faith

Self Reflective Jesus

The apostles said to the Lord, “Increase our faith!” The Lord replied, “If you had faith the size of a mustard seed, you could say to this mulberry tree, ‘Be uprooted and planted in the sea,’ and it would obey you. “Who among you would say to your slave who has just come in from plowing or tending sheep in the field, ‘Come here at once and take your place at the table’? Would you not rather say to him, ‘Prepare supper for me, put on your apron and serve me while I eat and drink; later you may eat and drink’? Do you thank the slave for doing what was commanded? So you also, when you have done all that you were ordered to do, say, ‘We are worthless slaves; we have done only what we ought to have done!’” Luke 17:5-10

Every time I read a parable I wonder where is Jesus, and this time I wondered if Jesus was the slave. Like the slave, Jesus works the “fields” and tends to “sheep”, and at the last supper he served the disciples with an apron around his waist. Could it be that Jesus is disappointed in his own self that in all that he has done to serve them, the disciples still ask for an increase of faith.

If the disciples were with Jesus this long, and their faith has not increased (which is the bare minimum that would be expected of a teacher) then I wonder if Jesus is disappointed himself?

Is Jesus disappointed that for all that he has done for the disciples, they are still seeking an increase of faith? That he thought the faith of the disciples was increasing only to discover in the question that perhaps their faith as not matured? That is Jesus was, at this point, unable to get the disciples to think about beyond just their individual faith.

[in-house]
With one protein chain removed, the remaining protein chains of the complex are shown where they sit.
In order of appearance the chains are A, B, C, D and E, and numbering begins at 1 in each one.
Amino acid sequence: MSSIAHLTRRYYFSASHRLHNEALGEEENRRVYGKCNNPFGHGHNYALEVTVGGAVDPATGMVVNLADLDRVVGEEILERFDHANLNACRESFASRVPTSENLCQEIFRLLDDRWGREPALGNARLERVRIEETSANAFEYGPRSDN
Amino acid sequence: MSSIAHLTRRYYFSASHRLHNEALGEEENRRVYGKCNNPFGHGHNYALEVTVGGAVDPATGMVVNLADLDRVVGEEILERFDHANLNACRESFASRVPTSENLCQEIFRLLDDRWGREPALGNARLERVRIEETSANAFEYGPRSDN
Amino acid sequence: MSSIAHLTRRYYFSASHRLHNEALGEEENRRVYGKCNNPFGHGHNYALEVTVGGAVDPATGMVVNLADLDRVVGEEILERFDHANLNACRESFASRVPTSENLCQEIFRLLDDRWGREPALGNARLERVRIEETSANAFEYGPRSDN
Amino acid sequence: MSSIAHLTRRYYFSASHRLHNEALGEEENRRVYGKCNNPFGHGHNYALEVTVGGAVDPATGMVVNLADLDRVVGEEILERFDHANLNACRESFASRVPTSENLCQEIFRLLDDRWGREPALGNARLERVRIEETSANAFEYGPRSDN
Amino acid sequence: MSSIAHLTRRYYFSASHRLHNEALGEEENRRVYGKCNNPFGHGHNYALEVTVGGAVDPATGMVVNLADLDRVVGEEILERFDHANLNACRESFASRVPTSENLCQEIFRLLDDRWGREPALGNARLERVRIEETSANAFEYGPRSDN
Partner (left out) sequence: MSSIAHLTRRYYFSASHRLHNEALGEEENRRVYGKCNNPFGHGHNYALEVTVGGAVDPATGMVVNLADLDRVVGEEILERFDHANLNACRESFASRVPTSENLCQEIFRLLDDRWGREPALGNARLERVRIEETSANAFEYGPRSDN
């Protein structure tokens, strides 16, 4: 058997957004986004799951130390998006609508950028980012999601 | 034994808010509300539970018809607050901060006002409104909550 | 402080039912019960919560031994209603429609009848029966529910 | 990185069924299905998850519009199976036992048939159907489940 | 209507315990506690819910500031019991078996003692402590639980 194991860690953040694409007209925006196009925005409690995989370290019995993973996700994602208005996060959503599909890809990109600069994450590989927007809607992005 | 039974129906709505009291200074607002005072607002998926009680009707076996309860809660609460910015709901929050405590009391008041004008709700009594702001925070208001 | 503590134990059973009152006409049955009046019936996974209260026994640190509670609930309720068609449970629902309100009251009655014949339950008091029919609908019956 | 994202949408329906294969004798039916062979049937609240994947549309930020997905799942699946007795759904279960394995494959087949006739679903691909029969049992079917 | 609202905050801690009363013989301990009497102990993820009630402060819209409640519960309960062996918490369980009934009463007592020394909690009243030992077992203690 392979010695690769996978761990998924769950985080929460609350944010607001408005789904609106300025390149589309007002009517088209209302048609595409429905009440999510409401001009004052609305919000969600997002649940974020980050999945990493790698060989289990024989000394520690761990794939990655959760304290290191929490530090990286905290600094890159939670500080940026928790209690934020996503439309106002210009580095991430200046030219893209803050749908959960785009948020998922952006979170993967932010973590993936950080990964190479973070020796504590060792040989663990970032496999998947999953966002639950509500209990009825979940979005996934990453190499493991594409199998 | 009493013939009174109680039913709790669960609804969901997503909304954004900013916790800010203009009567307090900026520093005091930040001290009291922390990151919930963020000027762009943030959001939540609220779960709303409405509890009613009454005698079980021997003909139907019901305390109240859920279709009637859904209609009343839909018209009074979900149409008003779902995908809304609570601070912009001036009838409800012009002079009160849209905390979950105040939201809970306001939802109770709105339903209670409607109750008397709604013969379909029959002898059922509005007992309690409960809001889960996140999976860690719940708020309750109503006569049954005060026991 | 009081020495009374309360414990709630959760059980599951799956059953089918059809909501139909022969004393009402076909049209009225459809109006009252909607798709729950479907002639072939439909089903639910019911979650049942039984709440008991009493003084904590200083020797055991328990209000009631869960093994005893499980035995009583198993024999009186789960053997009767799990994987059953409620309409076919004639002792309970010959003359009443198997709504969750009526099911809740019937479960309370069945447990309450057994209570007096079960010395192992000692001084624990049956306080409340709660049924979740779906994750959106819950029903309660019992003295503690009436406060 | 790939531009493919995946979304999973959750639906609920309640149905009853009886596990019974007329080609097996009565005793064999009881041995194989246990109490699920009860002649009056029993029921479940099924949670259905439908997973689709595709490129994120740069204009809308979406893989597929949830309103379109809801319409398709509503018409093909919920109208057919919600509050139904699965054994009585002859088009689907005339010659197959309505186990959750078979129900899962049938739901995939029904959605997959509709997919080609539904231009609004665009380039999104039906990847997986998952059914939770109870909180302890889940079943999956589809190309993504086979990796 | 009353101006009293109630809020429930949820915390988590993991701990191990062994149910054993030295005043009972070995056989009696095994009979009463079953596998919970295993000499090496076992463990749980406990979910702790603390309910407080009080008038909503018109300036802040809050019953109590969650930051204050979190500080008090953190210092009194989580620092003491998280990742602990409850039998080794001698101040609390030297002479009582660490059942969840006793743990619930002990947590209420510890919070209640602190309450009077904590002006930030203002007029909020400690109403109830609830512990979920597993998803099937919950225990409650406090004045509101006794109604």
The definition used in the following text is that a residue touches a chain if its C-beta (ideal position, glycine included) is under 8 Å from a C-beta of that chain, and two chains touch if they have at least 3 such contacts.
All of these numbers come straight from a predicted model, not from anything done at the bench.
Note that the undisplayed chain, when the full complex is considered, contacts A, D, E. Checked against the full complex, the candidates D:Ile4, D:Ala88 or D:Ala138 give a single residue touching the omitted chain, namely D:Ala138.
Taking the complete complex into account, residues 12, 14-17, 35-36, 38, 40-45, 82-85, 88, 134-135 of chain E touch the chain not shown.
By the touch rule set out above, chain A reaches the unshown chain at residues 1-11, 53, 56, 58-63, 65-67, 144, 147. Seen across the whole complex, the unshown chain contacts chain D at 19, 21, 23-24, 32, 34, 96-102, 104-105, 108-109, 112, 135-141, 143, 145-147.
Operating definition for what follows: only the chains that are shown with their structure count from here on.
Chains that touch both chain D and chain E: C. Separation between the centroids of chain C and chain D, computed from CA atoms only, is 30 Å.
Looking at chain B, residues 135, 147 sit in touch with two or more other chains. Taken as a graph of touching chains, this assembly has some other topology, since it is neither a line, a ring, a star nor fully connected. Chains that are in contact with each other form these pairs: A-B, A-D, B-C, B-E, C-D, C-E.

Could Jesus be confessing, in his own Jesus way, that his ministry feels worthless because he was was failing to do “what ought to have done” - the bare minimum?

Is Jesus saying he feels worthless because he has only been able to do the bare minimum and not accomplish a greater mission in these disciples?

Am I frustrating Jesus because I am often interested in increasing my own faith at the expense of being interested in the greater mission of God?

Lord have mercy.

Three Monks and One Sees

Benedicta Ward’s book has this story:

There were three friends, serious men, who became monks. One of them chose to make peace between men who were at odds, as it is written, ‘Blessed are the peacemakers’ (Matt. 5:9). The second chose to visit the sick. The third chose to go away to be quiet in solitude. Now the first, toiling among contentions, was not able to settle all quarrels and, overcome with weariness, he went to him who tended the sick, and found hims also failing in spirit and unable to carry out his purpose. So the two went away to see hims who had withdrawn into the desert, and they told him their troubles. They asked him to tell them how he himself had fared. He was silent for a while, and then poured water into a vessel and said, ‘Look at the water.’ and it was murky. After a little while he said again, ‘See now, how clear the water has become.’ As they looked into the water they saw their own faces, as in a mirror. They he said to them, ‘So it is with anyone who lives in a crowd; because of the turbulence, he does not see his sins: but when he has been quiet, above all in solitude, then he recognizes his own faults.’